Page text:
It's time to get organized for the day. As it is my Summer Break, I am striving for a balance between getting things done and relaxing. To that end, I have devised a system that I think will work - two tasks a day. The first task involves something outside in the world, and the second is something here within the house that needs to be done. As a result, I get an opportunity to go out into the world to socialize as well as to get some sunshine (when it's present - that hasn't really happened during this break yet...), and I do something to make my house a bit more presentable.

Today's tasks?

Go to the bank and the post office - I know that they are not open today as it is a national holiday, but I need to go both places anyway.

Clear my desk and organize the shelves - books that I've had but not used need to be placed someplace else - ebay maybe? An opportunity to clear off my desk so I have some space to create something new.

Maybe I'll even do some laundry.

Now I have a plan to fill up the day. Anything else that happens is just gravy. Time to get breakfast and get started on the inside task.

Sunday, May 24, 2015

Synthesis Sunday - New Text, New Ideas

It's time for a new book, and I found one that I've been wanting to dive into for a long time. Here it is. Ta-da!!

So far, and I am into the first chapter, this book is not disappointing. I have been interested in Mercedes Pavlicevic for quite some time, but have not had much exposure to what she has written before now. I am finding much of this book to be poetic as well as thought-provoking. 

In the acknowledgement page, she writes, "cleverness without imagination is barren egoism."

I'm letting that thought sink in for some time.

The preface, written by Colwyn Trevarthen, reads like poetry about the movement of life. He describes clients as "people who have lost musicality and fallen out of tune with others and their behaviours" (p.x). One of the symptoms of diagnosis is an inability to synch movement through life with the musical movement of society. It's an interesting viewpoint on ability and societal expectations. More grist for the philosophy mill.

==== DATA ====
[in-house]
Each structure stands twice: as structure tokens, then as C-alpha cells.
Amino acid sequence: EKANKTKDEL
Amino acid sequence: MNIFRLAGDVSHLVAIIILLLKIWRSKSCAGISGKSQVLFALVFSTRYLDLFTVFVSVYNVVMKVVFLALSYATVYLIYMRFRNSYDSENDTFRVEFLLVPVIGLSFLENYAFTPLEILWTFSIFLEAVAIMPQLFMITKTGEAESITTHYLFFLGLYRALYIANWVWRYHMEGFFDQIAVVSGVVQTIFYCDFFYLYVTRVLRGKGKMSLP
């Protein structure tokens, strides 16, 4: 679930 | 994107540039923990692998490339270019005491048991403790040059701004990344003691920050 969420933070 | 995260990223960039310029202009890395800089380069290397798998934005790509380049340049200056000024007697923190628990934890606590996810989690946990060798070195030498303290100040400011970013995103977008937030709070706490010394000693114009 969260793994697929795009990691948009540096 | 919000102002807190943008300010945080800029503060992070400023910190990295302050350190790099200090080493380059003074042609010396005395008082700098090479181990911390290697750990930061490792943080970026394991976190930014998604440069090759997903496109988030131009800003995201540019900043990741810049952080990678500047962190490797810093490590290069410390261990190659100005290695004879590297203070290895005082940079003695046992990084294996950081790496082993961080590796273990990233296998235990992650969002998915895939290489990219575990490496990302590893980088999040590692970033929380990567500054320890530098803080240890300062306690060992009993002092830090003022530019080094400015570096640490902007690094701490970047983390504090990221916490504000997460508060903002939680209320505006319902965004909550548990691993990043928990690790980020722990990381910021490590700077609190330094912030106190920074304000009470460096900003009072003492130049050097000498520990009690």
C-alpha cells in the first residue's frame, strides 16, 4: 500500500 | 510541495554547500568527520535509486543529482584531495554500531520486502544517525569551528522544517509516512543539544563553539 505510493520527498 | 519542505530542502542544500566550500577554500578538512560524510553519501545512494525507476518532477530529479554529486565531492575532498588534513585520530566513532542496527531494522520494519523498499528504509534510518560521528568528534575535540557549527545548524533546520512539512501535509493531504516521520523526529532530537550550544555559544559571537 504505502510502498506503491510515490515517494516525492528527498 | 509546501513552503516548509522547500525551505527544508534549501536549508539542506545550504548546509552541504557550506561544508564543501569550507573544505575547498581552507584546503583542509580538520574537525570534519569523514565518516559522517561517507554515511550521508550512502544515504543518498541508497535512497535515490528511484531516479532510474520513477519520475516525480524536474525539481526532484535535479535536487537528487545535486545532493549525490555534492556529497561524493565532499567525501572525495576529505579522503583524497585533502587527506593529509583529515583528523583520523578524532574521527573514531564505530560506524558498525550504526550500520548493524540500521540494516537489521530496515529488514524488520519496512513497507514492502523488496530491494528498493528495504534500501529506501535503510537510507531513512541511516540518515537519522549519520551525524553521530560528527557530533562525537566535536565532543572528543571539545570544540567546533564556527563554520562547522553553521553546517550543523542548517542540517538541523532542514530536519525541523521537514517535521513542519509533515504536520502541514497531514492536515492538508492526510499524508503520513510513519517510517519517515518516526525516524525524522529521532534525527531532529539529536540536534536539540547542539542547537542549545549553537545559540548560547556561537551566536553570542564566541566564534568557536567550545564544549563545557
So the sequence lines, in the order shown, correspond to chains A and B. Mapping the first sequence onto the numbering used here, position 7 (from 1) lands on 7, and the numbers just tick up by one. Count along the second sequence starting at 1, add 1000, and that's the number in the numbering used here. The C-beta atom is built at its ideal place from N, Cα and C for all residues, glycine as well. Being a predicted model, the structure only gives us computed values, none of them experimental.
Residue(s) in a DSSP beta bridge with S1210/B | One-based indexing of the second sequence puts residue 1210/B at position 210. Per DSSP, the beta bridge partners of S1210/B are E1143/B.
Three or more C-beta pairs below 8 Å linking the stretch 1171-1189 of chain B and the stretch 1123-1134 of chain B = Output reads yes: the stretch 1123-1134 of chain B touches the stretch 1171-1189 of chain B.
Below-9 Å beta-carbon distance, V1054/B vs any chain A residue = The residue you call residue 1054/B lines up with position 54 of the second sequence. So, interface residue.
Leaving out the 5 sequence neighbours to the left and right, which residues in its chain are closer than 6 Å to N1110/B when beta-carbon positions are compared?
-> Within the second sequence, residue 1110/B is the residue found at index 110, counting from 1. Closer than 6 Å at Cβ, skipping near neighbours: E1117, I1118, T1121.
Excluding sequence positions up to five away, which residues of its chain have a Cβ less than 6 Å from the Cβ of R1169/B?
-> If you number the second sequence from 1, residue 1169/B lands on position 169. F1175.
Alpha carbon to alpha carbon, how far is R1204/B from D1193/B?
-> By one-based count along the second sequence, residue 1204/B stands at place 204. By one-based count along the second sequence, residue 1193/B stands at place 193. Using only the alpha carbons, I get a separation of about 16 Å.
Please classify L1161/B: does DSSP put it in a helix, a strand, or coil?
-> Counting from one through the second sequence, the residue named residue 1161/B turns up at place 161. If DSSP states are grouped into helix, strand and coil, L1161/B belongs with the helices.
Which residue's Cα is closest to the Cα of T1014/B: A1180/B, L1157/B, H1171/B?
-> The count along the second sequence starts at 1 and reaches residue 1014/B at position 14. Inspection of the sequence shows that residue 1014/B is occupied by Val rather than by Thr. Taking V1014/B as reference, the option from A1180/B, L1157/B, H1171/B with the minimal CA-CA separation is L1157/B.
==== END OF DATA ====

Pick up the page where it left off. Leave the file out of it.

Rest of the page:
Trevarthen continues to describe and define "mimesis" - "the ability to act, dance and sing out a narrative of experiences and feelings by moving the body, any part of it, with expressive rhythm, depicting absent events and imaginary transformations" (p. xi-xii). 

Pavlicevic herself starts her first chapter with a quotation that seems to resonate with me on a deeper level.

Although music therapists from diverse theoretical and practical backgrounds define distinctive priorities, music is at the heart of all music therapy.
- Mercedes Pavlicevic, p. 1

Music is (or at least, should be) at the heart of all music therapy. Without music, we are not doing music therapy. This supports my philosophy of music therapy, and it's nice to know that other therapists feel the same way about music therapy.

Chapter One speaks about language and about defining ourselves as music therapists. Chapter Two looks at how we interpret music and assign it meaning within our lives and our profession. I don't think that I am much of an absolutist - I am much more of a referentialist when it comes to music as a tool for therapy. I also saw some parallels between Pavlicevic's discussion about ethnomusicology and the themes presented by Jennifer Adrienne in a chapter about feminist music therapy.

Can you separate music from the culture or societal influences present when the music was created? Personally, I think yes, but there are others that do not. It's an interesting perspective on music and interpretation. I am still puzzling that out for myself.

The thing that I like about my music therapy reading time and the weekly synthesis element is that I have the opportunity to think more deeply about what I am doing in my work life. I read something this week that stated that if you dedicated an hour a day to reading about a specific topic, you could become an expert on that topic in seven years. Off I go! I'm thinking I'll focus on music therapy theory and philosophy. Whee!! 

Adrienne, J. (2006). A feminist sociology of professional issues in music therapy. In S. Hadley (Ed.), Feminist perspectives in music therapy (pp. 41-62). Gilsum, NH: Barcelona

Pavlicevic, M. (1997). Music therapy in context: Music, meaning, and relationship. London: Jessica Kingsley Publishing.